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Special statement by the Prime Minister


The Prime Minister has made a special statement during the parliamentary sessions today.

“Every two weeks since taking the reins of this government, I have taken steps to inform you of the real situation faced by the country and the measures we are taking to address it. Some have ridiculed this. They criticize me while asking “Did he accept the Premiership to merely tell us the hardships faced by the country?”. However, many others are also grateful that we are telling them the whole truth and they have come forward to present various proposals that would perhaps help us overcome these issues.

No matter which of these two groups you belong to, I call on you to come together as one country and join in the nation’s rebuilding process to see it through these dark times. Let us all embark on this journey together. Only by doing this will we be able to ensure the country’s recovery.

We are now facing a far more serious situation beyond the mere shortages of fuel, gas, electricity and food. Our economy has faced a complete collapse. That is the most serious issue before us today. These issues can only be resolved through the reviving of the Sri Lankan economy. In order to do this, we must first resolve the foreign reserves crisis faced by us.

It is no easy task to revive a country with a completely collapsed economy, especially one that is dangerously low on foreign reserves. If steps had at least been taken to slow down the collapse of the economy at the beginning, we would not be facing this difficult situation today. But we lost out on this opportunity. We are now seeing signs of a possible fall into the very bottom. However, we must come out of this situation. If not, we will be unable to seek solutions to any other issue in the country.

(Yesterday Minister Kanchana Wijesekara presented detailed information on the country’s fuel situation). Currently, the Ceylon Petroleum Corporation is USD 700 million in debt. As a result, no country or organization in the world is willing to provide fuel to us. They are even reluctant to provide fuel for cash.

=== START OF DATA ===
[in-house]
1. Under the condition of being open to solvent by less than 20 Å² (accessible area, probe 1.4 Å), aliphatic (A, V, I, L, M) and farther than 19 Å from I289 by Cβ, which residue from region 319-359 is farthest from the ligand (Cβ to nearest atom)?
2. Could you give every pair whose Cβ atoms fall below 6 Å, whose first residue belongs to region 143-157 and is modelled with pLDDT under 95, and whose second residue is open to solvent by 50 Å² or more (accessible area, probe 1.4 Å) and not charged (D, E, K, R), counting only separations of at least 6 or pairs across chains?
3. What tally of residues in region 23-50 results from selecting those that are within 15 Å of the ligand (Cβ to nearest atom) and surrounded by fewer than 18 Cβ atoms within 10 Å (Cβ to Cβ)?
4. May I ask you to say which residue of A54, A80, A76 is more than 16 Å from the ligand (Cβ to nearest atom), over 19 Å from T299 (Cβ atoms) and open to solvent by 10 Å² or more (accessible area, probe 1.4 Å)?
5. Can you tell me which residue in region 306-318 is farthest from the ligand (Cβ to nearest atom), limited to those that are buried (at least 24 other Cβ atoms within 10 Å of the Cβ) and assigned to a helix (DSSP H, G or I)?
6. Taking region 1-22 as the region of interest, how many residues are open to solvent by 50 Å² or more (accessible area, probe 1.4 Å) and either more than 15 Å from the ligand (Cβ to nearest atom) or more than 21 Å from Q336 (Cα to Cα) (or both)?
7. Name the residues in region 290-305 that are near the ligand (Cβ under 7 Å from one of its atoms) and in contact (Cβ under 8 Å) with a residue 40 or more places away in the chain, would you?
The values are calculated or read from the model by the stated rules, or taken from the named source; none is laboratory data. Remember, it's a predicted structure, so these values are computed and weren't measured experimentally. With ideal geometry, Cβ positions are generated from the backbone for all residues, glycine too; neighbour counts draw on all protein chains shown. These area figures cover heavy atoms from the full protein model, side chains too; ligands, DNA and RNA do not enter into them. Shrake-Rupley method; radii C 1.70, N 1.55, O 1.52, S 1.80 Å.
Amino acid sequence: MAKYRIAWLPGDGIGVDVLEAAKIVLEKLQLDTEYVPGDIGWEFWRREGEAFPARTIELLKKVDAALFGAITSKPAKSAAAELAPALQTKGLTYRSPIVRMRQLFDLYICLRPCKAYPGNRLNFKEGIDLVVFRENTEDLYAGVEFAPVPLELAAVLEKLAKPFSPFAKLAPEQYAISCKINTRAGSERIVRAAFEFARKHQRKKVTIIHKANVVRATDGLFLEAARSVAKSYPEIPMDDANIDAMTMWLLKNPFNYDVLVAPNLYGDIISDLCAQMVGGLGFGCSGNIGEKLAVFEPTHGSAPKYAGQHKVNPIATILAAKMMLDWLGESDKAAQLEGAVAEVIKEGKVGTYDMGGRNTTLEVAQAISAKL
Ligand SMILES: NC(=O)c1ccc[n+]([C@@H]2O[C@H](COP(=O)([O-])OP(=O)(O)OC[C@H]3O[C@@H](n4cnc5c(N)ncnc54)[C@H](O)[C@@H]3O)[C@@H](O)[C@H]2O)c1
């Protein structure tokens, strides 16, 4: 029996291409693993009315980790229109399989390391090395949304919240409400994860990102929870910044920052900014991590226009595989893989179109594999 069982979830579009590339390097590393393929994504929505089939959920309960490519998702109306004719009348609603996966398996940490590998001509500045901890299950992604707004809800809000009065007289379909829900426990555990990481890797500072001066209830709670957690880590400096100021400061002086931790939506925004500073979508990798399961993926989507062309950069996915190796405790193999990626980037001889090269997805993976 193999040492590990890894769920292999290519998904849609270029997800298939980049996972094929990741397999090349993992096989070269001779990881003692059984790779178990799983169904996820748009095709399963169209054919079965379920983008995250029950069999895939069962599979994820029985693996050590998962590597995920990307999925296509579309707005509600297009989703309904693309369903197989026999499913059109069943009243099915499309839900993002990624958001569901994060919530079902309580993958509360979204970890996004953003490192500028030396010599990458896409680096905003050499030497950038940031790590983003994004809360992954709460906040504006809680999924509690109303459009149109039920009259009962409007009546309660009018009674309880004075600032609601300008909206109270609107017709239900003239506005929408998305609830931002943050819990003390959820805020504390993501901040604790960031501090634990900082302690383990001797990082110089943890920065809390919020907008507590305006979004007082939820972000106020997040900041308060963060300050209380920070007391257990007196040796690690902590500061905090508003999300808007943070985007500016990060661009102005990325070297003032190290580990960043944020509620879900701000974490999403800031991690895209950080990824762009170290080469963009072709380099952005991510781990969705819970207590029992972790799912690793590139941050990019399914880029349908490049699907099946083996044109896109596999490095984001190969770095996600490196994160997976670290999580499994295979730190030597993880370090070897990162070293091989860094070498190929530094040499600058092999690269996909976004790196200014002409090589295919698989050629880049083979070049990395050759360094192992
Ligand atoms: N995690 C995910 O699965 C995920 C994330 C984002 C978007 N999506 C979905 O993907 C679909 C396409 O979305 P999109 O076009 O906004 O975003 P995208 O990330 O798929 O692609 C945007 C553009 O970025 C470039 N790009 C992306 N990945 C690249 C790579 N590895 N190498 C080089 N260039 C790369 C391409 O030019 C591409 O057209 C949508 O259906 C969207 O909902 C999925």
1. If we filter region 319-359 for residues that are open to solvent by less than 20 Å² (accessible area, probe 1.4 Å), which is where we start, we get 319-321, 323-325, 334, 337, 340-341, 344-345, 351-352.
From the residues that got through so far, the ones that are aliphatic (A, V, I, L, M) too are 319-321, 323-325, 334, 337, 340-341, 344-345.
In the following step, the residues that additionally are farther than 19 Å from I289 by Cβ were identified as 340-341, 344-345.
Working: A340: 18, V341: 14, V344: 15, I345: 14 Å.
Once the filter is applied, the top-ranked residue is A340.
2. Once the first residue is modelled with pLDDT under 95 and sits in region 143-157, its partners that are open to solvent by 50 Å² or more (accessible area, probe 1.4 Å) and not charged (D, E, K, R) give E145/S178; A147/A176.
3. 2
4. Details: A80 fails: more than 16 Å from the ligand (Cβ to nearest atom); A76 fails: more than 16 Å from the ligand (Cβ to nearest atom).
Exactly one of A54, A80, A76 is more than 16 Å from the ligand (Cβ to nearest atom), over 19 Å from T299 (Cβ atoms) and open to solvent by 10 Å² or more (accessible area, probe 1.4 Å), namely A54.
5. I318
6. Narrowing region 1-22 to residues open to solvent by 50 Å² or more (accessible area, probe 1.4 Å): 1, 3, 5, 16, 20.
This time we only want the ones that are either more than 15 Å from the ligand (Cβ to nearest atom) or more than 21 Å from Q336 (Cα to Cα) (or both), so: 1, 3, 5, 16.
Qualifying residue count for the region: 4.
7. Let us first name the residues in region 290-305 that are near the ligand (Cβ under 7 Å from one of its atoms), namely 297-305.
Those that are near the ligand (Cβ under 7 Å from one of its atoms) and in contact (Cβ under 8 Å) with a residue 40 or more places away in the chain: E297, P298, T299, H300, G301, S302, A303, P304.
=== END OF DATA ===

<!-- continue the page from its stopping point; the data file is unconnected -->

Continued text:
We have taken loans amounting to USD 4 billion under the Indian credit line. We have requested more loan assistance from our Indian counterparts. But even India will not be able to continuously support us in this manner. Even their assistance has its limits. On the other hand, we too must have a plan to repay these loans. These are not charitable donations.

So what is the way out of this dire situation?

The only safe option before us now is to hold discussions with the International Monetary Fund. In fact, this is our only option. We must take this path. Our aim is to hold discussions with the IMF and arrive at an agreement to obtain an additional credit facility. As the next step, we hope to form a foundation to stabilize the economy and implement an immediate programme to increase our export revenue.

Following discussions with the Central Bank, Treasury, relevant government officials, professionals and experts this plan has already been formulated.

I urge you to inform us of a better solution if available. In fact, if you are in possession of a practical and more favourable plan for the country we call on you to put it forward.

If political parties wish we can take up any solutions presented by them in parliament. We are prepared to provide them with the necessary space and opportunity.

Let me now in detail present to you the programme we have currently put into action.

The majority of the cabinet was appointed by May 20. We began our programme from then onwards. First, we decided to revert back to the tax system we had in place in 2019. We then agreed to ensure a primary surplus in the National budget by 2025.